Absolute newbie in quantum chemistry here. I was recently looking through some Fortran libraries from my university to see if I understand all of the mathematics. In a Hartree-Fock library, I found the following code snippet for calculation of the overlap-integral between two contracted s-type GTOs.

 rab = sum( (r_a-r_b)**2 )

    do i=1,npa
        do j=1,npb
            eab = alp(i)+bet(j)
            oab = 1.0_wp/eab
            cab = ci(i)*cj(j)
            xab = alp(i)*bet(j)*oab
            est = rab*xab
            ab = exp(-est)
            s00 = cab*ab*sqrt(pi*oab)**3

            sab = sab+s00

with r_a and r_b being the positions of the two gaussians in cartesian coordinates and alp(i) and bet(i) containing the orbital coefficients of the primitives. From this code snippet I read that the overlap-integral is calculated via: $$ K_{AB}=e^{-r_{AB}(\frac{\alpha \beta}{\alpha+\beta})}\tag{1} $$ $$ S= K_{AB} \cdot \sqrt{\frac{\pi}{\alpha+\beta}}^3\tag{2} $$

But if I try to get to this formula myself, I get a slightly different result:

For the overlap integral of two Gaussians $\phi_{A}$ and $\phi_{B}$

$$ \phi_{A}(\alpha,r-R_A)=e^{-\alpha(r-R_A)^2}\tag{3} $$

$$ \phi_{B}(\beta,r-R_B)=e^{-\beta(r-R_B)^2}\tag{4} $$

we can use the Gaussian-product-theorem to combine both Gaussians to one function $\phi_{AB}$: $$ \phi_{A}(\alpha,r-R_A) \cdot \phi_{B}(\beta,r-R_B) = K_{AB} \cdot \phi_{AB}(\alpha+\beta,r-\frac{\alpha R_A + \beta R_B}{\alpha + \beta})\tag{5} $$ $$ \phi_{AB} = K_{AB} \cdot \left (\frac{2\alpha\beta}{(\alpha+\beta)\pi} \right )^{\frac{3}{4}} \cdot e^{-\alpha\beta(r-\frac{\alpha R_A+\beta R_B}{\alpha+\beta})^2}\tag{6} $$

Now integrating this Gaussian should yield the overlap integral between our starting functions. The integral of an arbitrary gaussian can be solved via: $$ \int \phi_A(\alpha ,r-R_A) = \sqrt{\frac{\pi}{\alpha}}\tag{7} $$ $$\tag{8} \int\phi_{AB}=K_{AB} \cdot \left (\frac{2\alpha\beta}{(\alpha+\beta)\pi}\right )^{\frac{3}{4}} \cdot \sqrt{\frac{\pi}{\alpha\beta}} $$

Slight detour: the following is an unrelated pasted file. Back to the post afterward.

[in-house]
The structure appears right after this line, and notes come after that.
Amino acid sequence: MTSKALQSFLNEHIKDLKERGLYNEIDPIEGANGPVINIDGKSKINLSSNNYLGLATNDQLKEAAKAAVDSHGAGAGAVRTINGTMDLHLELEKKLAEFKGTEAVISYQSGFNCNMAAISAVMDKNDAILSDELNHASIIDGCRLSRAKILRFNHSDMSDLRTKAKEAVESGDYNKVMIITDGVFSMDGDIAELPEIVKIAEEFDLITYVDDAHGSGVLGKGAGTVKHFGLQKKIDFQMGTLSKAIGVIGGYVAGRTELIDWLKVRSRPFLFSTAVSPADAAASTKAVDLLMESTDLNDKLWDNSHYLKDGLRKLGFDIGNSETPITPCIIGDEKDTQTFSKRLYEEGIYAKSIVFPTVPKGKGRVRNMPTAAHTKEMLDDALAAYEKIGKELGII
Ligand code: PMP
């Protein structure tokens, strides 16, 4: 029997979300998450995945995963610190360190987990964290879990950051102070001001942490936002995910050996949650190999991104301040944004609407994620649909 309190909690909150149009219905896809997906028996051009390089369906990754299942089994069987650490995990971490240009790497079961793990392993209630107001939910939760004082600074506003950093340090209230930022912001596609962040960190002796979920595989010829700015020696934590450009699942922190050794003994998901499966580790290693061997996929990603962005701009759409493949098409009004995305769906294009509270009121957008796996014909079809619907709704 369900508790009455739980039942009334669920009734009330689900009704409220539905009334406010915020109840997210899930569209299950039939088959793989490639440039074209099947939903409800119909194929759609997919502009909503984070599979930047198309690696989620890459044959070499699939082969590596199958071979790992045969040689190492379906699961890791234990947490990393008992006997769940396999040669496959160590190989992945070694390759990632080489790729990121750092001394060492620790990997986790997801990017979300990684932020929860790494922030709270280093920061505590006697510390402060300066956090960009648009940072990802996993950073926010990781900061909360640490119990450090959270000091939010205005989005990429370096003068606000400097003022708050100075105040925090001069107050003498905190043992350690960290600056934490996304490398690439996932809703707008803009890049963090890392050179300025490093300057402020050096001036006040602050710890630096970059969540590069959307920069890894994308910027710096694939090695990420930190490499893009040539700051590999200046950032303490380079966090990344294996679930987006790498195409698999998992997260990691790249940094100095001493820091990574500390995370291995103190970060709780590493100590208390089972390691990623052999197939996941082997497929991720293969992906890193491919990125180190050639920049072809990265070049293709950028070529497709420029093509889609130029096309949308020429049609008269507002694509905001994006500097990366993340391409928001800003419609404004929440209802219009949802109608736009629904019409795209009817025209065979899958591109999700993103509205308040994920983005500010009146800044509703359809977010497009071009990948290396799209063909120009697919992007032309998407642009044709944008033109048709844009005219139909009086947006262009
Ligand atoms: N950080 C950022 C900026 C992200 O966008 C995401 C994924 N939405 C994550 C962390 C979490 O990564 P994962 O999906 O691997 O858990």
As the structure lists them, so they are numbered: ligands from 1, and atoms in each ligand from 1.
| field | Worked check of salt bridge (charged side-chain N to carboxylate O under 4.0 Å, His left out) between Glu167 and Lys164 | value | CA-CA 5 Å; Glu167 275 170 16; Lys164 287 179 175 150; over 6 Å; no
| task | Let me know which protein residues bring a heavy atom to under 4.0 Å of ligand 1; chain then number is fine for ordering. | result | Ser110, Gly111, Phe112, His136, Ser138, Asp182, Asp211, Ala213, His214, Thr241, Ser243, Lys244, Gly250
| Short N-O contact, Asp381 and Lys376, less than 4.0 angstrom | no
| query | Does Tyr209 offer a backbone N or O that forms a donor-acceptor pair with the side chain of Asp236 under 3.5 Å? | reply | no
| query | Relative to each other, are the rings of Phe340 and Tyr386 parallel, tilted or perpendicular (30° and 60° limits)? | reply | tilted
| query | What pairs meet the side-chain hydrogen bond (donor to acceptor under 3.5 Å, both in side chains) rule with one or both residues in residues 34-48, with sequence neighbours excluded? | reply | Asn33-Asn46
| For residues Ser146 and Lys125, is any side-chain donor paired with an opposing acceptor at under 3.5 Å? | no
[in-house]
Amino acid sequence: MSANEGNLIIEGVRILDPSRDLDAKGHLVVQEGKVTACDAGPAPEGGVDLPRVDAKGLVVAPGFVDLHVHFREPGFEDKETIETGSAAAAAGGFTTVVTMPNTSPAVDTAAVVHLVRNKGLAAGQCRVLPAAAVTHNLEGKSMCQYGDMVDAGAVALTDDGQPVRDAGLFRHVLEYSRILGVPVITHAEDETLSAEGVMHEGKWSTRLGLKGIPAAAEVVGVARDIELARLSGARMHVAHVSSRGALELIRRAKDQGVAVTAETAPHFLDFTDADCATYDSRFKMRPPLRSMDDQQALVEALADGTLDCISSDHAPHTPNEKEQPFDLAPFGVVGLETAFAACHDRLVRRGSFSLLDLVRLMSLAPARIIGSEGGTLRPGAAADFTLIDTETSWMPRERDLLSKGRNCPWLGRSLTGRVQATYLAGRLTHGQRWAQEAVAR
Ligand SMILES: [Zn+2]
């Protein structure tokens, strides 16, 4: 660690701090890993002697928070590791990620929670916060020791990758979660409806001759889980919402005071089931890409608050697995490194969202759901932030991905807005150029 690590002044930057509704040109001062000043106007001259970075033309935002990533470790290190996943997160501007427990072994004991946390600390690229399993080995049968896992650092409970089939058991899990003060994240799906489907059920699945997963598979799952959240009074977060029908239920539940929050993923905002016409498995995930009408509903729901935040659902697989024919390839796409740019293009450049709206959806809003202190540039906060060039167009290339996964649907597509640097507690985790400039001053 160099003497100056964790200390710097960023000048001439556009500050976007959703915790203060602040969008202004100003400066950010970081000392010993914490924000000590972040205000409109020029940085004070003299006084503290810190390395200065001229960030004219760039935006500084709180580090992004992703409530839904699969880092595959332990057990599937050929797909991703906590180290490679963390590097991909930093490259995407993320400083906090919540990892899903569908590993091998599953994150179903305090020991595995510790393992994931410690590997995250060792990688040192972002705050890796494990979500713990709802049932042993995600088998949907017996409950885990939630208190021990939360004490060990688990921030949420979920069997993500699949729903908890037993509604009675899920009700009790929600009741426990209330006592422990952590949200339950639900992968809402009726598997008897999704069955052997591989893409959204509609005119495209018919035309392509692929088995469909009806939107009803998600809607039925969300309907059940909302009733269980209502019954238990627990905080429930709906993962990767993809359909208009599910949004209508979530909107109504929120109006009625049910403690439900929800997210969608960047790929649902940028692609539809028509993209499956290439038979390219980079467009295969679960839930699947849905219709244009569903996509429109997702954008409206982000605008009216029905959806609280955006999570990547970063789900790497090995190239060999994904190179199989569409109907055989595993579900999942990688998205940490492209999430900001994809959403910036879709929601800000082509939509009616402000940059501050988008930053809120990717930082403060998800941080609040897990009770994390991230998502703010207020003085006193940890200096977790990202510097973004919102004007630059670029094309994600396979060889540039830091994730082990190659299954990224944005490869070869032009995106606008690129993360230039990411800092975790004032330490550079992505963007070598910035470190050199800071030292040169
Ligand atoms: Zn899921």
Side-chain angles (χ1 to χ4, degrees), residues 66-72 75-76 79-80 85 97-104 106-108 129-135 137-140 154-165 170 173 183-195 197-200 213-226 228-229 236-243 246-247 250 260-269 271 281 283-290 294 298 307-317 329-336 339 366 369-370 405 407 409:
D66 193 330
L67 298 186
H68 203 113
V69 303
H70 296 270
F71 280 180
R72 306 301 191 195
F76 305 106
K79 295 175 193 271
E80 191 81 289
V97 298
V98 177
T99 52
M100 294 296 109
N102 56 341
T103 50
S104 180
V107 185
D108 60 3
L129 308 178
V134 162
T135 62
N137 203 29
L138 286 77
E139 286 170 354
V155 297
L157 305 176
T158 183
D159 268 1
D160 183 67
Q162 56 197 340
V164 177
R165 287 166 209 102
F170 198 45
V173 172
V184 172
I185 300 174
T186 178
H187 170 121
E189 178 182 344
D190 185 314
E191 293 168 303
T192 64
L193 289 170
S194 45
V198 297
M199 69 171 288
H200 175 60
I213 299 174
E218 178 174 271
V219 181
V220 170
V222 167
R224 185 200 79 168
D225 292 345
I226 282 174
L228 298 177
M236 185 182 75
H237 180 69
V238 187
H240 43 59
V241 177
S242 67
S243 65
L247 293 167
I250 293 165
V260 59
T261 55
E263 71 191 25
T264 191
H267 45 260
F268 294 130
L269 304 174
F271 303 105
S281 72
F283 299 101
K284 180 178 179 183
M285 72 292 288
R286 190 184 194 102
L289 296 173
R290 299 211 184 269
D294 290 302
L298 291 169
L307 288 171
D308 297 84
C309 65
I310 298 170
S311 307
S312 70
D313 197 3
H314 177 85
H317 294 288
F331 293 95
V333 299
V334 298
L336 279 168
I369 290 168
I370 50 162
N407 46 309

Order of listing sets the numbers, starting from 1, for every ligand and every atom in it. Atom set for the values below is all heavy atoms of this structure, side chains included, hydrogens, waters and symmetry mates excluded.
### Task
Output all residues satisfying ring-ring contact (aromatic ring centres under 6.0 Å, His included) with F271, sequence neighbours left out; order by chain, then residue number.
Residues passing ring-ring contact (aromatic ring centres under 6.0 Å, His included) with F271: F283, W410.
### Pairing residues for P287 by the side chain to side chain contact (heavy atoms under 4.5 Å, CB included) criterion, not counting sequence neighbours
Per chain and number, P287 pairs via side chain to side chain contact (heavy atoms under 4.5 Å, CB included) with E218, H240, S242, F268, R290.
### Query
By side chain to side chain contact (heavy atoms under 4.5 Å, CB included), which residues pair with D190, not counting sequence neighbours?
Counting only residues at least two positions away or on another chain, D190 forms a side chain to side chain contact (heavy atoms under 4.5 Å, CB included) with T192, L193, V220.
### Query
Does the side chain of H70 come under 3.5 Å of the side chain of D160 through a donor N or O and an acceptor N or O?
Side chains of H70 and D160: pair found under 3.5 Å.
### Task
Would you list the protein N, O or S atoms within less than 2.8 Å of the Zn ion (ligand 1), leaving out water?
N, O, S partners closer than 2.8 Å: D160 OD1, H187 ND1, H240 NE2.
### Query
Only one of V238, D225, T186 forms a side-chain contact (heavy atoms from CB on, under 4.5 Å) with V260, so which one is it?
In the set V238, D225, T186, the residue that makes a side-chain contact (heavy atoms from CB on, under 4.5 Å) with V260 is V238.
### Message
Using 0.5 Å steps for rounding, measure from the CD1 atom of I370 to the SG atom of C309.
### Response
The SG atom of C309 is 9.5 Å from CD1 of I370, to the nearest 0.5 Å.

Which, as far as I can see, is already a different equation to the one I read from the code. Where is my mistake? I know this is some pretty basic stuff, any help is appreciated.


1 Answer 1


There is a bunch of errors in your question.

First of all you seem to ignore the contraction coefficients in your code snippet. If however you ignore them (set them to 1 and pick only one pair $i,j$), still, your code calculates:

$$ S_{00} = e^{-\left (|\vec R_{AB}|^2 \frac{\alpha \beta}{\alpha+\beta}\right ) } \sqrt{\frac{\pi}{\alpha+\beta}}^3\tag{1}$$

which means you missed the square in what you call $K_{AB}$

Then you try to compare to a "by hand" calculation that you do yourself, for which you use the Gaussian product rule in principle correctly stating that:

$$\phi_{A}(\alpha,r-R_A) \cdot \phi_{B}(\beta,r-R_B) = K_{AB} \cdot \phi_{AB}\left(\alpha+\beta,r-\frac{\alpha R_A + \beta R_B}{\alpha + \beta}\right)\tag{2}$$

However, in the next line, you write

$$ \phi_{AB} = K_{AB} \cdot \left (\frac{2\alpha\beta}{(\alpha+\beta)\pi} \right )^{\frac{3}{4}} \cdot e^{-\alpha\beta\left(r-\frac{\alpha R_A+\beta R_B}{\alpha+\beta}\right)^2}\tag{3} $$

which suffers from three issues, for one your definition of $K_{AB}$ is incorrect since you missed the square, additionally your pre-exponential factor is suddenly $\alpha \beta$ instead of $\alpha + \beta$. Moreover, it is unclear where

$$\left (\frac{2\alpha\beta}{(\alpha+\beta)\pi} \right )^{\frac{3}{4}}\tag{4}$$

is coming from.

To the best of my knowledge the gaussian product rule should have resulted in:

$$\phi_{AB} = K_{AB} e^{-(\alpha + \beta)r_P}\tag{5}$$

where $\vec r_P$ is $\vec r - \vec P$ and $ \vec P$ is the place: \begin{eqnarray} \vec P = \frac{\alpha \vec R_A - \beta \vec R_B}{\alpha + \beta}\tag{6} \end{eqnarray} and $$ K_{AB} = e^{-\frac{\alpha \; \beta }{\alpha + \beta} \vec R_{AB}^2}\tag{7}$$

You than carry these errors into your result.

I guess all that was needed was some double checking on your formulas.


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